“Levy-Dew”, also known as “A New Year Carol”, or “Residue”, is a British folk song of Welsh origin traditionally sung in New Year celebrations. The song was set to music by Benjamin Britten in 1936. It is associated with a New Year’s Day custom involving sprinkling people with water newly drawn from a well.
(More history and background at the Wikipedia article.)
New Year Carol from Tom Tiddler’s Ground, ed. Walter de la Mare
Here we bring new water from the well so clear,
For to worship God with, this happy New Year.
Chorus (after each verse):
Sing levy-dew, sing levy-dew, the water and the wine,
The seven bright gold wires and the bugles that do shine.
Sing reign of Fair Maid, with gold upon her toe;
Open you the West Door and turn the Old Year go.
Sing reign of Fair Maid, with gold upon her chin;
Open you the East Door and let the New Year in.
New Year Carol / Residue
[trad. arr. Waterson:Carthy]
In 2006, Waterson:Carthy recorded the New Year Carol for their album Holy Heathens and the Old Green Man. Martin Carthy commented in the album’s sleeve notes:
We all had a hand in the “B” music to the New Year carol Residue which opens this album: we also made extra verses for the North and South gates to go with the East and West gates already there and to have more to sing. Norma cannot remember who first handed her the song for the Watersons to sing but, because the letter accompanying the words is signed “from your favourite guitarist”, wonders whether it was an old family friend from the East Riding called Bert Hodgeson. None of us can figure out the possible significance of the “Residue sing Residue” chorus and neither could Bert—or whoever it was—but that was, he said, what was sung to him. (If it wasn’t Bert, and the person who did the deed is reading this, then please reveal yourself.)
These things are driven, one way or another, by passion and two of its faces are on show. Residue can be seen as representative of one which drives ritual; where people perform old ceremonies simply because it is time to do so. These can be seen to be quite private moments for a community which, although there is a line which the outsider may not cross, the wider world is allowed to view and perhaps to share. The community may struggle to supply a meaning for a particular ceremony or make any sense at all of the routine of the thing but that does not matter. What matters is the moment: the reason is the moment. In the field of sacred music where indeed it is often at its most intense, nowhere is this passion seen to soar higher, or felt to flow more deeply than in the Baptist hymns of Sankey where Liza found the beautiful Gloryland which closes this CD.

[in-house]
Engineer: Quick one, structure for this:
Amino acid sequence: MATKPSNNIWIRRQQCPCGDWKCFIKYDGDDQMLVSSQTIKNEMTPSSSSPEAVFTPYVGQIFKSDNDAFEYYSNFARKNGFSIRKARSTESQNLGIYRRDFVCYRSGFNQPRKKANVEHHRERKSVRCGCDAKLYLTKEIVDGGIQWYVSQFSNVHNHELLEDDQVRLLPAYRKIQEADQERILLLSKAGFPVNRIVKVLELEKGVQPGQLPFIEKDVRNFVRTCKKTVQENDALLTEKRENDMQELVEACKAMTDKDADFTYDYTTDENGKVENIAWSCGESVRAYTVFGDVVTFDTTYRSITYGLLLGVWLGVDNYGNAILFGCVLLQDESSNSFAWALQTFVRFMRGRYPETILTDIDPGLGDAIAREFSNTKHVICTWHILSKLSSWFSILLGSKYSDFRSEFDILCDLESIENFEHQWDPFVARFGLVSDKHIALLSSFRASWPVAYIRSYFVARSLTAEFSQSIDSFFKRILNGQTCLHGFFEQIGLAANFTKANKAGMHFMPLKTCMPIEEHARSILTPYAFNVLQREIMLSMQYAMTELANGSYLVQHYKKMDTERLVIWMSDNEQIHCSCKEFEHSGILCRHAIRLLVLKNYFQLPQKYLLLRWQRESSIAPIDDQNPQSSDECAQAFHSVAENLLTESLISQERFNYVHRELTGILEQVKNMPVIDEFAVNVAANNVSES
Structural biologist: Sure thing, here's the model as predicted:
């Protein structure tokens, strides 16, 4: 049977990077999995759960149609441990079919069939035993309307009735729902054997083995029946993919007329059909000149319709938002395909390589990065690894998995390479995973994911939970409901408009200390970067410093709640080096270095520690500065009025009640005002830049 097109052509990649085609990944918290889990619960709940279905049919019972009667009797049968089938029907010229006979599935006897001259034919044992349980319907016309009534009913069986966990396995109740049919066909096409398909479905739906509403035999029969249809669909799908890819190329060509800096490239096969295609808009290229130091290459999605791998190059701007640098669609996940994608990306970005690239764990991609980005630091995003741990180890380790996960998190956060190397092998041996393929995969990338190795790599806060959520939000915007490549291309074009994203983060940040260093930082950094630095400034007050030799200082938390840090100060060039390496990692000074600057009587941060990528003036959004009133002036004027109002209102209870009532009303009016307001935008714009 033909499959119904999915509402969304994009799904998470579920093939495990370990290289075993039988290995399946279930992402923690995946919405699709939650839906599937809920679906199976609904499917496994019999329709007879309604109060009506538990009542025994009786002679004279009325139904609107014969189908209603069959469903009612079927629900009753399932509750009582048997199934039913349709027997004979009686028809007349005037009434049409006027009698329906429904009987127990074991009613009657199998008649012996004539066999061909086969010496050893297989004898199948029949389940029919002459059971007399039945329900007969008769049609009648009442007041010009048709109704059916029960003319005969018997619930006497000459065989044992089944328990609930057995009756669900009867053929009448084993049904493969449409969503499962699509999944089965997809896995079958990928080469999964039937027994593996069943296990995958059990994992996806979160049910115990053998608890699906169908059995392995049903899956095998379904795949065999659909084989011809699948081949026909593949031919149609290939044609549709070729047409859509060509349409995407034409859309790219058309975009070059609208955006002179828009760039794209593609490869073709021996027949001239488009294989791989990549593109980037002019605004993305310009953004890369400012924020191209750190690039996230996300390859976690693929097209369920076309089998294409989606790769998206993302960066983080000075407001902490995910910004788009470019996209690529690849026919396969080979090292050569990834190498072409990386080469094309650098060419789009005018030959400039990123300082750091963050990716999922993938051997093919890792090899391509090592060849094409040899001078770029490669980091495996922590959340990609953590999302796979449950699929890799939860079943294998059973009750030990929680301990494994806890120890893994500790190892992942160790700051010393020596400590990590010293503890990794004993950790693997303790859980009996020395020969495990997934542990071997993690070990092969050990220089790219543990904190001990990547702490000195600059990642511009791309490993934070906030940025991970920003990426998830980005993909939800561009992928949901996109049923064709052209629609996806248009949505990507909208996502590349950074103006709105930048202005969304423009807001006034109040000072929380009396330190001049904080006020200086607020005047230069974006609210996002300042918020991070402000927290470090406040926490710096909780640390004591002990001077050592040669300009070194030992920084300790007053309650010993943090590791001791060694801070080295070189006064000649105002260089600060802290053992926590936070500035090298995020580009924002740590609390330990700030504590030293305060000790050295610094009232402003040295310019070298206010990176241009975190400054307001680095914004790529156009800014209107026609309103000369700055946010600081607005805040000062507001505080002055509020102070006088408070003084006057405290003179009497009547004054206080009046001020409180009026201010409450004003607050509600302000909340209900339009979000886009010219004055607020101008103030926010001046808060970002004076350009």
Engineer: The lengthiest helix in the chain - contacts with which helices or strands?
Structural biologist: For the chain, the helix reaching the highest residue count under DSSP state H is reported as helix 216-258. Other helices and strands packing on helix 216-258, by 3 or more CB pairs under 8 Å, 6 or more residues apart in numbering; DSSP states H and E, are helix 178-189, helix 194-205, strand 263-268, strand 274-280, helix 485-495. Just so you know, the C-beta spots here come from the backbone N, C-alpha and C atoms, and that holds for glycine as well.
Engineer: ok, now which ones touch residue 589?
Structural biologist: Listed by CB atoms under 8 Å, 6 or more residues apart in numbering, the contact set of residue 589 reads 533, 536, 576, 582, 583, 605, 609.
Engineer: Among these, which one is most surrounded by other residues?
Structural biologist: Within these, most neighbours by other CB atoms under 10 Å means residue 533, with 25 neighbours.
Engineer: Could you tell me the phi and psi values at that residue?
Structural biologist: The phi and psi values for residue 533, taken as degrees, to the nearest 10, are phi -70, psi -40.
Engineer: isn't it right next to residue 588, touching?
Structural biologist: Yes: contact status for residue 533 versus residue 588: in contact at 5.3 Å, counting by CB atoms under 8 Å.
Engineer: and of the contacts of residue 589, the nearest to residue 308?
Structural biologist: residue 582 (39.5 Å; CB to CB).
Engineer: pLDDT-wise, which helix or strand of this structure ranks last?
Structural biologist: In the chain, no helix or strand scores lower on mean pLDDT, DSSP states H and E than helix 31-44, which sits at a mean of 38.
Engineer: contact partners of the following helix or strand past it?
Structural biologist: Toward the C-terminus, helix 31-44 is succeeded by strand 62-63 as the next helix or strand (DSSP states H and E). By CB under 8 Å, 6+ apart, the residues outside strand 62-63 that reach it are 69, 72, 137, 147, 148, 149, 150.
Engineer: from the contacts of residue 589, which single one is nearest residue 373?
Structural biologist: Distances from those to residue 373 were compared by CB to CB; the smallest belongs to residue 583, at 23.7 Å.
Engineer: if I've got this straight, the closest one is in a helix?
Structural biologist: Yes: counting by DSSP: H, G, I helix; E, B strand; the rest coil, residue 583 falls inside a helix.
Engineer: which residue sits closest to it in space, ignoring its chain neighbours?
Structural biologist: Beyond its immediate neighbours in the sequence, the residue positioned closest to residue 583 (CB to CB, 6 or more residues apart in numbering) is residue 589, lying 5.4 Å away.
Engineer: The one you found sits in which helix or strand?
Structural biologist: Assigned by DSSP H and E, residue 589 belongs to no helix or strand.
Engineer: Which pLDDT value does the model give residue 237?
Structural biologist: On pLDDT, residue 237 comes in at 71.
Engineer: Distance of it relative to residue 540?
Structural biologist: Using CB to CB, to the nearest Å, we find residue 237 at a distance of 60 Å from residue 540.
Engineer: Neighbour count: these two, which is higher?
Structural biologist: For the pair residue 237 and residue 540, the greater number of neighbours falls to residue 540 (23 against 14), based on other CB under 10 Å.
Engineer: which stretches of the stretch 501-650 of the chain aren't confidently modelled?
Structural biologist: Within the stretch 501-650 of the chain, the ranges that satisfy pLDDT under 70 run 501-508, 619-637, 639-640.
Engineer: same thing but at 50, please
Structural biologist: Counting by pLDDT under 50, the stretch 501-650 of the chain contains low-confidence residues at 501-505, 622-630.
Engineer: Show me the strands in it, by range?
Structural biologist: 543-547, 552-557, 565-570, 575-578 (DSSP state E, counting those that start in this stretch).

Waterson:Carthy sing Residue
Chorus (twice after each verse):
Residue sing Residue, the water and the wine,
Seven bright gold wires and the trumpets doth shine.
Here comes the maiden with gold on her toe;
Open the West gate and let the Old Year go.
Here comes the maiden with gold on her shoe;
Open the South gate and let the New Year through.
Here comes the maiden with gold on her chin;
Open the East gate and let the New Year in.
Here comes the maiden with gold in her eye;
Open the North gate and let the Old Year by.
The New Year Carol was included by Walter de la Mare in his anthology of poems for children, Tom Tiddler’s Ground (1931). In 1936, Benjamin Britten composed a tune for it. The “levy dew” in the chorus may be a corruption of either Old English levedy (“lady”) or French Levez à Dieu (“Raise to God”), used for the elevation of the host at communion. The latter also explains the water and the wine in the following words. The “seven bright gold wires” might be the strings of a golden harp.
Waverly Fitzgerald has another explanation in School of the Seasons: New Year’s Carols:
Trefor Owen [Welsh Folk Customs, St. Fagans, 1974] describes the context for this song in Wales. Very early on New Year’s Day about three or four o’clock in the morning, groups of boys came round to the houses in the neighborhood, carrying a vessel of cold spring water, freshly drawn, and twigs of box, holly, myrtle, rosemary or other evergreens. They sprinkled the hands and face of anyone they met for a copper or two. In every house, each room was sprinkled with New Year’s water and the inmates, who were often still in bed, wished a Happy New Year. For this service and wish they were also gifted with coins. The doors of those houses which were closed to them were sprinkled with the water. The verse was sung during the sprinkling.
In certain parts of Wales this custom is called dwr newy (literally, new water). The exact meaning of the phrase, “levy dew” is unknown, although there have been attempts to trace it to llef I Dduw (Welsh for “cry of God”). This seems to be an imposition of a Christian interpretation on a much older custom. Although the fair maid is now equated with the Virgin, Owen thinks it likely that this custom derives from “an early well-cult made acceptable to medieval Christianity by its association with the Virgin and perpetuated both by the desire to wish one’s neighbor well at the beginning of a new year and by the small monetary payment involved.”